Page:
5. Phyllanthus L. (leaf-flower)
Plants annual or
perennial herbs (shrubs or trees elsewhere), monoecious or occasionally
dioecious (in P. polygonoides), with clear sap, glabrous (stinging and
nonstinging hairs absent). Stems erect or ascending to arched, usually
branched. Leaves alternate, sessile or more commonly very short-petiolate, the
petiole attached at the base of the nonpeltate blade. Leaf blades narrowly
oblong or oblanceolate to oval or obovate, angled or tapered at the base,
rounded or broadly angled to a usually bluntly pointed tip, the margins entire,
relatively thin-textured, inconspicuously pinnately veined (often only the
midvein apparent). Stipules scalelike, 1–2 mm long, usually brown,
sometimes shed early, narrowly lanceolate to ovate-triangular, the base
sometimes with 1 or 2 minute, rounded auricles at the base. Inflorescences
axillary, of solitary flowers or small, sessile clusters of 2–4 flowers
(the staminate and pistillate flowers variously positioned on different plants
but in our species the staminate ones often more common toward the stem tip),
usually with a small, stipulelike bract at the base, the flowers individually
mostly short-stalked. Calyces deeply (5)6-lobed, 0.5–1.5 mm long (in
pistillate flowers sometimes becoming enlarged to 2.5 mm as the fruits mature),
oblong to obovate, rounded at the tip, persistent at fruiting. Petals absent.
Nectar disc entire or more or less divided into (5)6 lobes, these broadly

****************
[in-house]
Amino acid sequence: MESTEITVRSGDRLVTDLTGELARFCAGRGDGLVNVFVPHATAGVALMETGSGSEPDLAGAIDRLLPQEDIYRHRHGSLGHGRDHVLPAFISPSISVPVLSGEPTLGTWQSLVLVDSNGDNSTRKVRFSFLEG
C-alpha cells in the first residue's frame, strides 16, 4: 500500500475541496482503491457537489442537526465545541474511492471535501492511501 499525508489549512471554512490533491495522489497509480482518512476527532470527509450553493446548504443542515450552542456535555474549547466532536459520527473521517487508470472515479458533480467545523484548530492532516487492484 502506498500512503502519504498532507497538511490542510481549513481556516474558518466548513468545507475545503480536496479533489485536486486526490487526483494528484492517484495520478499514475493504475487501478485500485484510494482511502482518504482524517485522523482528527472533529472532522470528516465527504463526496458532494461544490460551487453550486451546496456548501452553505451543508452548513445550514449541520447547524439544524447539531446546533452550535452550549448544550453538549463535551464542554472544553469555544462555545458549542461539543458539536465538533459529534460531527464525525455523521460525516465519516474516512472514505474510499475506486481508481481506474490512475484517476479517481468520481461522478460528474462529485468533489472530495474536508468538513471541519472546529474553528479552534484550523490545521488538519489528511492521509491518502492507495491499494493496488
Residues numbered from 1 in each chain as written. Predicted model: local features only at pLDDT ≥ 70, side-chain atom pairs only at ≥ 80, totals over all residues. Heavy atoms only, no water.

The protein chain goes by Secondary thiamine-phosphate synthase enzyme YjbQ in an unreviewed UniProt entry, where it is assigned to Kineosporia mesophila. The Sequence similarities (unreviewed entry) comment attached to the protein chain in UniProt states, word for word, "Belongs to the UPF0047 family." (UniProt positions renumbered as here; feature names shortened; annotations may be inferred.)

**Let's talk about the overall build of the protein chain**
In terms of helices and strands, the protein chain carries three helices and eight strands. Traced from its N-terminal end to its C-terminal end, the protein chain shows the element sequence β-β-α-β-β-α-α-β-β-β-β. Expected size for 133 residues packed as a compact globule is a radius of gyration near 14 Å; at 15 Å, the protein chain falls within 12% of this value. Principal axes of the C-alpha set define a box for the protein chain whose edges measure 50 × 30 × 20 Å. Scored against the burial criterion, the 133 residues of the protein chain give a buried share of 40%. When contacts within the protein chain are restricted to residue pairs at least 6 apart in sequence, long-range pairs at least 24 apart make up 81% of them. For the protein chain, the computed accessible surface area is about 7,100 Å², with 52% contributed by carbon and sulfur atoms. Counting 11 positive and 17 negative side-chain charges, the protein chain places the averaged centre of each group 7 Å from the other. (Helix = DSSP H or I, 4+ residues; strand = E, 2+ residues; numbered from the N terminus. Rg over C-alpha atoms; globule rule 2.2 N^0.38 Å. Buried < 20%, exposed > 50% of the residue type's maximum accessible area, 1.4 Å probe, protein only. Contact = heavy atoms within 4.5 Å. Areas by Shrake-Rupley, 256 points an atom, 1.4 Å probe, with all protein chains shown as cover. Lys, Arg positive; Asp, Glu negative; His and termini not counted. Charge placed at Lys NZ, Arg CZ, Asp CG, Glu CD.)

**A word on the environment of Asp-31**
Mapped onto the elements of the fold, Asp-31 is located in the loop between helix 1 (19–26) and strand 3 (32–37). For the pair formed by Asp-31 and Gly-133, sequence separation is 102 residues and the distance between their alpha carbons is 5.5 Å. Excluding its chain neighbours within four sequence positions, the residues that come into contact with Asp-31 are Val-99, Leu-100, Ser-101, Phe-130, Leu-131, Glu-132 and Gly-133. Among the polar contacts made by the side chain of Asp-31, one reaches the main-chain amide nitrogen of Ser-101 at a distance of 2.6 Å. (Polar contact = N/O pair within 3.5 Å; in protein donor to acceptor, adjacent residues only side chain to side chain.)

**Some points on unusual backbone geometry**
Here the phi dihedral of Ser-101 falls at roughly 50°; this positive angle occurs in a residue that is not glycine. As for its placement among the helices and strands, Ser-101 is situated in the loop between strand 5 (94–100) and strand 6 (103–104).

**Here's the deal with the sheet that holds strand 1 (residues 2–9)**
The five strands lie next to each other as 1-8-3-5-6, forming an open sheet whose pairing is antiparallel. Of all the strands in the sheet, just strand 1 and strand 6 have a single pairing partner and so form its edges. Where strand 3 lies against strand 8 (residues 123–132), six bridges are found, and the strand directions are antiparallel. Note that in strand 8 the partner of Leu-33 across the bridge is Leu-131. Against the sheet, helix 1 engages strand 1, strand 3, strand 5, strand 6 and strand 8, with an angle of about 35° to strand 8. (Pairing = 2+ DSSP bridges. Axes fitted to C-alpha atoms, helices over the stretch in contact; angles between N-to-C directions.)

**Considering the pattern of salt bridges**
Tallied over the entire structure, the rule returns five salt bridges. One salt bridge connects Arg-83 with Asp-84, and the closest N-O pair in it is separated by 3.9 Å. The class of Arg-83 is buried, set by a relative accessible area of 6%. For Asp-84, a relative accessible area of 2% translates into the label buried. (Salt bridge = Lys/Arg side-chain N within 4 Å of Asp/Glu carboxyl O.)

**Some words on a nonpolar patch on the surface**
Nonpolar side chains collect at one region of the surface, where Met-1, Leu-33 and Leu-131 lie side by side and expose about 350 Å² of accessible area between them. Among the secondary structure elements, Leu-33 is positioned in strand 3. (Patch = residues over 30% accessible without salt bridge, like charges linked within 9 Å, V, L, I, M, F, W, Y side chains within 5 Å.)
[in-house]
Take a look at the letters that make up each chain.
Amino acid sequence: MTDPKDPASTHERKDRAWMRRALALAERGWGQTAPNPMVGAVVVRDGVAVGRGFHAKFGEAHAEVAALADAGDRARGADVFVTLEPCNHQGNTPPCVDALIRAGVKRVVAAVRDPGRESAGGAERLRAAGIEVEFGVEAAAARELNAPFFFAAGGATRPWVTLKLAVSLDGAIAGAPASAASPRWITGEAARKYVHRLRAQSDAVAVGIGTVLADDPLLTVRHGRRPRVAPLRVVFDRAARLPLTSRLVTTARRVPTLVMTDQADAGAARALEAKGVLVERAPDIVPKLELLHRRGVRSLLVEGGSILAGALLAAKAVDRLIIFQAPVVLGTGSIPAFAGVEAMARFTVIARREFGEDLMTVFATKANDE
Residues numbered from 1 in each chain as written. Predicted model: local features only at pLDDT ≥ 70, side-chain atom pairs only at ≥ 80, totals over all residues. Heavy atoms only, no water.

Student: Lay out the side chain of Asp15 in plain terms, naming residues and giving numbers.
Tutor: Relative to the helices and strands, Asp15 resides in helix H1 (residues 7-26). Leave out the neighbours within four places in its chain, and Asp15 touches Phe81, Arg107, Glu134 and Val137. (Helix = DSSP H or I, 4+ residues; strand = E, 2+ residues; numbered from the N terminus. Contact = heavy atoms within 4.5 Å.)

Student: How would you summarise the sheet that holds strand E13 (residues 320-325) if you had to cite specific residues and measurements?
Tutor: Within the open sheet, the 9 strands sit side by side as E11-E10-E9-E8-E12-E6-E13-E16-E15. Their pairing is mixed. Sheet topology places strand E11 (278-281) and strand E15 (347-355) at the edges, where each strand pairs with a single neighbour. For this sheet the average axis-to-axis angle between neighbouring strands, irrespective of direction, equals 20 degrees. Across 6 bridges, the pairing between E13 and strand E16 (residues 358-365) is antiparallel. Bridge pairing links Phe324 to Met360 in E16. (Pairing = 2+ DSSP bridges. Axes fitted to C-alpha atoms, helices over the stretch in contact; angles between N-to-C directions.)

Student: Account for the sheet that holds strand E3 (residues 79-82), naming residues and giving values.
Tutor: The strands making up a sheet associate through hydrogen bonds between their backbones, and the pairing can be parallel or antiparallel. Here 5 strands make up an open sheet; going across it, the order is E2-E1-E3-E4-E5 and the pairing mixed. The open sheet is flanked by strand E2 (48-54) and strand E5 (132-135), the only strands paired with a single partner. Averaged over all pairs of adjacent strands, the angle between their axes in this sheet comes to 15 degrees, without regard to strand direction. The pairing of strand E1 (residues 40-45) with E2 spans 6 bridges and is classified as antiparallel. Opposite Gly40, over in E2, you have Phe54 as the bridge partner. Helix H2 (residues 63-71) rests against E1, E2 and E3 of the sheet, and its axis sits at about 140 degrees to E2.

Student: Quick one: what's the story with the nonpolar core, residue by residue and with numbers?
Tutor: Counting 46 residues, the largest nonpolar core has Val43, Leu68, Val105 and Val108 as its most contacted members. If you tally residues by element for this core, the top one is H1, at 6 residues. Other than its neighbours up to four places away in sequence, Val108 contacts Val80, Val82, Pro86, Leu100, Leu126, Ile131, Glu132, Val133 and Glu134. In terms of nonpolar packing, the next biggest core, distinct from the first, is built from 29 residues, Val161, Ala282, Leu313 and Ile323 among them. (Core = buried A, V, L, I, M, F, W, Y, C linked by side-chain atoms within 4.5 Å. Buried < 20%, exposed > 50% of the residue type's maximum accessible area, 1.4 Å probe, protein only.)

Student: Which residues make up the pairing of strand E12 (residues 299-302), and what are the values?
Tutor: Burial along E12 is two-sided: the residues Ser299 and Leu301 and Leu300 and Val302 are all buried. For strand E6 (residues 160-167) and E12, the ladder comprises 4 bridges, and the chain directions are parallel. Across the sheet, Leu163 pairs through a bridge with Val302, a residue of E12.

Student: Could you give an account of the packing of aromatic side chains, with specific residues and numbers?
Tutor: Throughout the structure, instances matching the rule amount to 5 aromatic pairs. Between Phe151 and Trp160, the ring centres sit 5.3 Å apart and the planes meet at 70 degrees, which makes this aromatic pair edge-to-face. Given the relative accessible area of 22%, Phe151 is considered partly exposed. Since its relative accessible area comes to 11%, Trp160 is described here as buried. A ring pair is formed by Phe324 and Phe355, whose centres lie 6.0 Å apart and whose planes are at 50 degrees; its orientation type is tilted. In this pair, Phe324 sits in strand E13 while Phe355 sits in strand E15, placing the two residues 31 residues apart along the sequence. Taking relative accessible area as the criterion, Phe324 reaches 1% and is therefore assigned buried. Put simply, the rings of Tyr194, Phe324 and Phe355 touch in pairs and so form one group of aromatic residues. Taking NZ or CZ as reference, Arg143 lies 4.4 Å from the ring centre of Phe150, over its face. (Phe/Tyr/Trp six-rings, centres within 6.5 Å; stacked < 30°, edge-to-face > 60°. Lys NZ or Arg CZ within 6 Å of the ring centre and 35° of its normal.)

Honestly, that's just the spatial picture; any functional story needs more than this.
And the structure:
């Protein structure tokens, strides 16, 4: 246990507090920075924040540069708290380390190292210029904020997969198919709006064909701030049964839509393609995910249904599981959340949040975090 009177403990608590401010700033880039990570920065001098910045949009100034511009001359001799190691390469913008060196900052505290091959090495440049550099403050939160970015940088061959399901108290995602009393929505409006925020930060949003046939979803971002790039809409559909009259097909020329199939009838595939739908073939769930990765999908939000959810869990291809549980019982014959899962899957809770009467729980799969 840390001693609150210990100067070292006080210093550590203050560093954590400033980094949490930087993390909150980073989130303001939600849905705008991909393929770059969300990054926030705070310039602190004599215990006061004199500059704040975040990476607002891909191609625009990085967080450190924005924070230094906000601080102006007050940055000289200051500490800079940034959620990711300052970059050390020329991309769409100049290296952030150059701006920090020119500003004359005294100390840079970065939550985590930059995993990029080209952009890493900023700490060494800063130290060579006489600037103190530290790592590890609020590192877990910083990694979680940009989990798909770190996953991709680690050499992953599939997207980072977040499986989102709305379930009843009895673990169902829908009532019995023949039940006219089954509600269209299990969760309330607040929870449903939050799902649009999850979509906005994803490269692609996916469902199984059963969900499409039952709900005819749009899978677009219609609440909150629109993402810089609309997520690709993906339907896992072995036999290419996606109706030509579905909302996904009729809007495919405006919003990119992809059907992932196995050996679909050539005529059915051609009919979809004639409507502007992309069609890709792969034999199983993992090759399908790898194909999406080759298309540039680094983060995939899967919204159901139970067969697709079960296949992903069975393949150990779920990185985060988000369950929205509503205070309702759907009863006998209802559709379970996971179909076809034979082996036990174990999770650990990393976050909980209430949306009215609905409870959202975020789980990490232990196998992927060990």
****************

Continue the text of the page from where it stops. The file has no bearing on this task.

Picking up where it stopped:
rounded at the tip. Staminate flowers with (2)3 free stamens (the filaments
more or less arching outward). Pistillate flowers with the ovary 3-locular and
2 ovules per locule, the 3 styles separate or nearly so, each deeply 2-lobed,
each lobe slightly broadened into an inconspicuous terminal stigma. Fruits
1–3 mm long, 1.5–3.5 mm in diameter, not or only slightly lobed
(circular or slightly and very bluntly 3-angled in cross-section), sometimes
shallowly concave at the tip, tan to yellowish brown at maturity. Seeds up to 6
per fruit, wedge-shaped, lacking a caruncle, the surface with finely warty or
with minute tubercles, gray to dark brown, sometimes slightly mottled. Perhaps
750–800 species, North America to South America, Caribbean Islands,
Africa, Asia, Malesia, Australia.
limits of Phyllanthus are still a controversial topic (Webster, 1994).
Recent molecular studies (Wurdack et al., 2004; Kathriarachchi et al., 2005;
Samuel et al., 2005) have suggested that either the group needs to be split
into several smaller genera or the generic concept needs to be broadened to
include three or four other groups currently recognized as separate genera.
Further studies are needed.